When I thought about what we would miss out on without my income, it paled in comparison to the bond that I was developing with my child. That bond is what makes or breaks us as adults. How many of us attribute our successes or failures to our upbringing or family of origin? I wanted to give myself wholly to the mission of raising our daughter, and I knew it wouldn't come without many sacrifices.
Since then, we have been in some truly difficult financial situations that left us eating mostly eggs for breakfast, lunch, and dinner. We have missed a lot of our friend's weddings because we couldn't afford to travel. We still haven't bought a house. And the last real vacation we went on was our honeymoon. But I wouldn't change it.
Being a Staying at Home Mom has been a privilege for me, because I have been able to witness every little milestone of our daughter's growth, create the environment in which she lives and learns, and maintain consistency in our relationship, which has cultivated immense trust between us, and is part of the guiding force behind her peaceful demeanor. In these formative years of her life, she is closely watching everything we do or don't do, and creating her worldview from that; the worldview she will take with her when she is ready to live on her own. I hope to teach her how to put others before herself, how to love with abandon, how to find joy in both the quiet and momentous minutes of each day, trust her gut, and that this life is full of fleeting hours we cannot get back once they're over (so, Carpe Diem!).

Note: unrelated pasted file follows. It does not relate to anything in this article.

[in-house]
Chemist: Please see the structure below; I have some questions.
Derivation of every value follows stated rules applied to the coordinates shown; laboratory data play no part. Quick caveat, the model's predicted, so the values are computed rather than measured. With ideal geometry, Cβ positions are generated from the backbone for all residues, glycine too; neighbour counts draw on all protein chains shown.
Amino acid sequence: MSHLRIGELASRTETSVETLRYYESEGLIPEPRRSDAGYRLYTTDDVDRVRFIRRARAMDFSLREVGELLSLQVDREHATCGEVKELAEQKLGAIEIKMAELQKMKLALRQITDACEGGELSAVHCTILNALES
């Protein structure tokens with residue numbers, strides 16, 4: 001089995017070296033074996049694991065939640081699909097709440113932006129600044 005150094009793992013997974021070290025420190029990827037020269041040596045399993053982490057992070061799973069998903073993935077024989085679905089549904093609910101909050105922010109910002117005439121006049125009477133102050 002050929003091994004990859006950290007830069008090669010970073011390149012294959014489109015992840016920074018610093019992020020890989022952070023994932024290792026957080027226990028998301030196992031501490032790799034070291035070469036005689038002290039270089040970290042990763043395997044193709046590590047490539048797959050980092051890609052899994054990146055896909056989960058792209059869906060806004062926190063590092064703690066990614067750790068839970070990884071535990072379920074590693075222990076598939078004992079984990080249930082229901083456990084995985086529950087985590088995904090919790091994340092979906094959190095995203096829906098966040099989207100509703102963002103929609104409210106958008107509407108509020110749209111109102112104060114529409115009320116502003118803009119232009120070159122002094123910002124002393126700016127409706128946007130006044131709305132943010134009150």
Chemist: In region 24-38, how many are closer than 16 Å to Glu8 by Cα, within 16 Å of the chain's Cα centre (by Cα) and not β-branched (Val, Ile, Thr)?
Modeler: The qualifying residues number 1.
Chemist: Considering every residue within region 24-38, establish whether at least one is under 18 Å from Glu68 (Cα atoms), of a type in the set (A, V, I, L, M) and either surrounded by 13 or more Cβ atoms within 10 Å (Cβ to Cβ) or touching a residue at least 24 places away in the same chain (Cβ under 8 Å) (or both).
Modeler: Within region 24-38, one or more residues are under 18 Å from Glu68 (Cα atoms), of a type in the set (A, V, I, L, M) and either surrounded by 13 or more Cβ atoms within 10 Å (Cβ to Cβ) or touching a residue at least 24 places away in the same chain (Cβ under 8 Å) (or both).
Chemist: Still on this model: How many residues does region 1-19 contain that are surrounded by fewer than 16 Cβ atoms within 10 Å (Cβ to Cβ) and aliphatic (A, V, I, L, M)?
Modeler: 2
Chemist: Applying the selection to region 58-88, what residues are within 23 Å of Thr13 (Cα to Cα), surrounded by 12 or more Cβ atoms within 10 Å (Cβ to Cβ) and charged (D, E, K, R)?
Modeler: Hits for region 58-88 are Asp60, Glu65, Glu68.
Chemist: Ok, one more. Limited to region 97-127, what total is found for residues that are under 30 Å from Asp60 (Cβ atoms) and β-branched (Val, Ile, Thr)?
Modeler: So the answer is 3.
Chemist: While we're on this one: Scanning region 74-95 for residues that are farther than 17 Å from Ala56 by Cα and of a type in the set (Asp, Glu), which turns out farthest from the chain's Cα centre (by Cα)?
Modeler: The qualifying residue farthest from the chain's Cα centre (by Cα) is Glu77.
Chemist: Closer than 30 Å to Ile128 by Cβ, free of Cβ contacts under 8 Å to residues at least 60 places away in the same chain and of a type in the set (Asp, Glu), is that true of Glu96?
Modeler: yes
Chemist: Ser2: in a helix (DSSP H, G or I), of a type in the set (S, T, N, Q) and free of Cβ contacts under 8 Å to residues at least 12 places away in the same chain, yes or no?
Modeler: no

If you've gotten all the way to the end here, I want you to know that this is not a judgment on the choices other families make. In fact, I know many incredible families with wonderful, bright, loving children whose parents customize working structures that best suit them. We all make it work the best way we know how. I felt called to stay home and find unconventional ways to create additional income, though there are many who may find that foolish, but we all have different value systems that drive our decisions. I value quality time, communication, and physical closeness in my relationships more than any dollar amount in my bank account. And lucky for me, I have a husband who supports my crazy ideas that bring me joy outside of motherhood, like this website, my YouTube channel, and the 99 other things I want to create and accomplish in my lifetime.
The most repeated piece of unsolicited advice I hear from older women, is that they wish they spent more time with their kids, playing and cuddling, rather than fussing about dishes or worrying over nonsense. Our babies are only babies for so long, time flies, and I don't want to miss a minute of this stage in my life (even if that means I won't be able to get another haircut for the next 8 months).